Having came across a Freedom of Information Request on the internet I have decided to blog this one because it is a birds eye view of what the Government do not see and furthermore how these sanctions were enacted into legislation without just due process and rightful cross examination to ensure that these sanctions do not cause harm and suffering to children.
This FOI Request goes as follows:
The Effects of Sanctions on the Teaching Profession by J Holt
Dear Department for Work and Pensions,
I am a deputy head of a junior school in a deprived city area and I’m having a lot of problems with the effects of benefit denial/sanctions on my pupils’ and their respective parents’ please allow me to elucidate. Almost every day we are having to deal with the effects of so so-called welfare reform and when I had to deal with another extremely distressed parent today – who’s been sanctioned for not looking for enough jobs – it was the last straw,
So my questions are:
Q1. Do you realise the effect that your sanctions and refusal of benefits are having on the most vulnerable in our society? These are some examples of the disruption caused to me and my colleagues by the DWP because you have refused benefits to parents.
a) Child A’s mother came in the school and explained her husband had been sanctioned on JSA and she had no money for the electricity (she was on a pre-pay meter) to launder her two children’s uniforms, nor did she have money for food.
b) Child B had to move home because of the bedroom tax, the parent couldn’t move B into a school nearer to their home as they were
full to capacity, so they have to travel on a bus to school, recently he couldn’t come to school because of benefit sanctions,
the mother said they had no money for food and the DWP said they weren’t allowed any whilst her partner was on sanction.
c) Child C’s father is disabled, however, he recently lost his benefits because you said he’s no longer disabled, children C’s
mother was beside herself with stress as she explained to the head how her husband had had all his money taken off him and was denied benefits for appealing against the decision, the situation became that dire for this particular family that I had to get social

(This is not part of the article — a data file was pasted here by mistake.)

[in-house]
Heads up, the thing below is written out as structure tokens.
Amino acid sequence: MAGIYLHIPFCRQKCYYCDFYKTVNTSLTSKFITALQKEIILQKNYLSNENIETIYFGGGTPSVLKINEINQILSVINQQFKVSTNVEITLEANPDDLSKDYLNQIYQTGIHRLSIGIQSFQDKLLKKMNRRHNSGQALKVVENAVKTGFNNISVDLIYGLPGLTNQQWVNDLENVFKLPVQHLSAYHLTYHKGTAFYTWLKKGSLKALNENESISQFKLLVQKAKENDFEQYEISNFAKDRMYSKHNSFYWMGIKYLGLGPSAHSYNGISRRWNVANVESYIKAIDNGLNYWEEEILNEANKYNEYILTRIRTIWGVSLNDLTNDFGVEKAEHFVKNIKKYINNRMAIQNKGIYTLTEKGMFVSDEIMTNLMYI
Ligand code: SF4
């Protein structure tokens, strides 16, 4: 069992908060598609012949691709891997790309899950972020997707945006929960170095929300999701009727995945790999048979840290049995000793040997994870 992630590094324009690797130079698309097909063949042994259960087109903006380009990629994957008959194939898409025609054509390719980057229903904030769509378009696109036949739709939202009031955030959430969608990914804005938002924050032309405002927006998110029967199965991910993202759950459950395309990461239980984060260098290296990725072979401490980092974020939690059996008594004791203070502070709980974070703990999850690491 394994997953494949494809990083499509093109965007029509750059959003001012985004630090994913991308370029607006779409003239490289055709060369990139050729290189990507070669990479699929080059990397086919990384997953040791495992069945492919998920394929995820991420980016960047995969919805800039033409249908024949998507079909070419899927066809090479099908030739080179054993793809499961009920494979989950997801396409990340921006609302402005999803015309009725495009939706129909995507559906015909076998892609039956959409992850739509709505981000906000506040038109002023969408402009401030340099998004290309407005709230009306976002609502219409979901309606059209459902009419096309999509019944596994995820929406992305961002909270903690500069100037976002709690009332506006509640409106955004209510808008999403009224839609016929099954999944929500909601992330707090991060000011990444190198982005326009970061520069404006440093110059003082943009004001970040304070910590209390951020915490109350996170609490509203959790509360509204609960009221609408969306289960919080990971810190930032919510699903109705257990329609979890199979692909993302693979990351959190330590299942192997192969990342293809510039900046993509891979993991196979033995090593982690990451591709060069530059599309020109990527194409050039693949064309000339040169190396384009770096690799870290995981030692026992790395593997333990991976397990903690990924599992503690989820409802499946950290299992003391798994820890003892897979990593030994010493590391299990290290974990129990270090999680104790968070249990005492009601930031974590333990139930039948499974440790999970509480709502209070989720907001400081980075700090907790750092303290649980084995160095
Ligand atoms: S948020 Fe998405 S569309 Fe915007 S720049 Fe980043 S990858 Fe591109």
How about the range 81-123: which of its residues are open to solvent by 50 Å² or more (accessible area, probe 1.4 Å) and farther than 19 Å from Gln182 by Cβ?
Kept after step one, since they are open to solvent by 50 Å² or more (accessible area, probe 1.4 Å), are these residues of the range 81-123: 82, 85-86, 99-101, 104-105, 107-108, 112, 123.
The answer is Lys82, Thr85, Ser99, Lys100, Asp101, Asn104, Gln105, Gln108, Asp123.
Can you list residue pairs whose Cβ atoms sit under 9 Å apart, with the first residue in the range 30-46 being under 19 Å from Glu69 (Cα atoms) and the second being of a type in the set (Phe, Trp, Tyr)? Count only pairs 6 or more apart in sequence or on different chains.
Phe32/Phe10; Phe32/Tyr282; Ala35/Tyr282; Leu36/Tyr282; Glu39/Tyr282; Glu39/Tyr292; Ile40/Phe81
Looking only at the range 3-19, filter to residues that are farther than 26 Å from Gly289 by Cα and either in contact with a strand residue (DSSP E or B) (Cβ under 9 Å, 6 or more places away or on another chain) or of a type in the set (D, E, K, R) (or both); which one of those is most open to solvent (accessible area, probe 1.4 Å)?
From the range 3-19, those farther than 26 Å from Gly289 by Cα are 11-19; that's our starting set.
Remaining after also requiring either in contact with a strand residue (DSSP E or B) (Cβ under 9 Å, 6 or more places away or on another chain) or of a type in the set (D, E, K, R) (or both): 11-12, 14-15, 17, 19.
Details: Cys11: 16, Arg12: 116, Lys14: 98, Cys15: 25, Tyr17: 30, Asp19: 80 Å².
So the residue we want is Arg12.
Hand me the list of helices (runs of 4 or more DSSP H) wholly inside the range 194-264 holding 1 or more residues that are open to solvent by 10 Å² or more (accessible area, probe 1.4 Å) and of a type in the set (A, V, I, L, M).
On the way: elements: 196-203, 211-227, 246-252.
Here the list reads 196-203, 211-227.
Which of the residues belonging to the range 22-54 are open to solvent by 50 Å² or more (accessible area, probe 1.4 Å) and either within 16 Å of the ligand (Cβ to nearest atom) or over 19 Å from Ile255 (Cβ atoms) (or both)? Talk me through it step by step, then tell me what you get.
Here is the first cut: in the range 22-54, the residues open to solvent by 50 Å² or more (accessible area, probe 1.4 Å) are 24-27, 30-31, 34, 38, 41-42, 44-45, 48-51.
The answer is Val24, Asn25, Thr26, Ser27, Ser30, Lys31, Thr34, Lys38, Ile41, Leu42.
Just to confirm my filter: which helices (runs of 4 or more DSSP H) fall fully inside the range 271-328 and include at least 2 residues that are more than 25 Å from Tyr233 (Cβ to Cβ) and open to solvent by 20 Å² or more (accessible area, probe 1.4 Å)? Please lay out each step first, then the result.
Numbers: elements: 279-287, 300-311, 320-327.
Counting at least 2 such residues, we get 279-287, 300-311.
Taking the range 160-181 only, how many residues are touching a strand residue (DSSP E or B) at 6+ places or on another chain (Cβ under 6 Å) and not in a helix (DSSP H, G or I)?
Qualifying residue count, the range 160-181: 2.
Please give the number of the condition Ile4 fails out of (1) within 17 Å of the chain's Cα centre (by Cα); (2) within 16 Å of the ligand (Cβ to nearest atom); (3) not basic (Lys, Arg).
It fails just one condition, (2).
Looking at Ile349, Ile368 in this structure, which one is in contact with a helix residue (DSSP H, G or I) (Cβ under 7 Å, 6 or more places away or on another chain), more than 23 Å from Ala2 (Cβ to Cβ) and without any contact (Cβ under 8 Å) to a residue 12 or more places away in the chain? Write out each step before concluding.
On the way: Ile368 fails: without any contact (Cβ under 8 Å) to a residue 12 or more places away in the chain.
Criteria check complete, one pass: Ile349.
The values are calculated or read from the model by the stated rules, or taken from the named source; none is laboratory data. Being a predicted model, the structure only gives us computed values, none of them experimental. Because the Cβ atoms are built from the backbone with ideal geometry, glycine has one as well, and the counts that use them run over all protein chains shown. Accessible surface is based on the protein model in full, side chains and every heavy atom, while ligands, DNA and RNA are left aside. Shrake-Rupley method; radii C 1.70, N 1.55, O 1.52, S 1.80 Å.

services involved to help them.
d) There’s dozens of cases I can relate to you, however, today was the last straw when a single parent told me her daughter had been
absent because the sole fell off her only pair of shoes and she had
no money because of sanctions to buy another pair.
Q2 Why have we i.e. teachers’ got to be social workers because you are denying benefits? Do you realise the devastation you are
causing to the most vulnerable because of sanctions, etc? Because it’s a proven fact:
• Parents’ can’t feed their children or put clothing on their backs
• Take them to school due to lack of money
• We can’t find school places for families constantly on the move –
we have refused a lot of families a school place that moved because
of the bedroom tax.
• Our social workers’ are frazzled and overworked because we have
to keep asking for their help for our pupils whose families are on
Q3 Are the DWP going to pay schools for the disruption you are causing parents’ and the whole teaching profession?
Q4 I realise your motto is make work pay and the taxpayer should not have to fit the bill for those that don’t want to work, notwithstanding this, I and my colleagues are taxpayers and you are making our lives very stressful and our jobs much harder with your draconian measures and teaching isn’t the only profession to be hit by problems caused by sanctions/denying benefit (a neighbour of mine is a paramedic who recently had to attend to a diabetic-disabled person that had not eaten for 3 days because he’s disability had been stopped and he’d no money and this isn’t an isolated case) so my question final question is why are you needlessly sanctioning people? And have you any idea what effect your’re having on
(ii) The teaching profession?
(iii) The medical profession?
(iv) Social Workers?
What do you think this is costing the taxpayer? And society in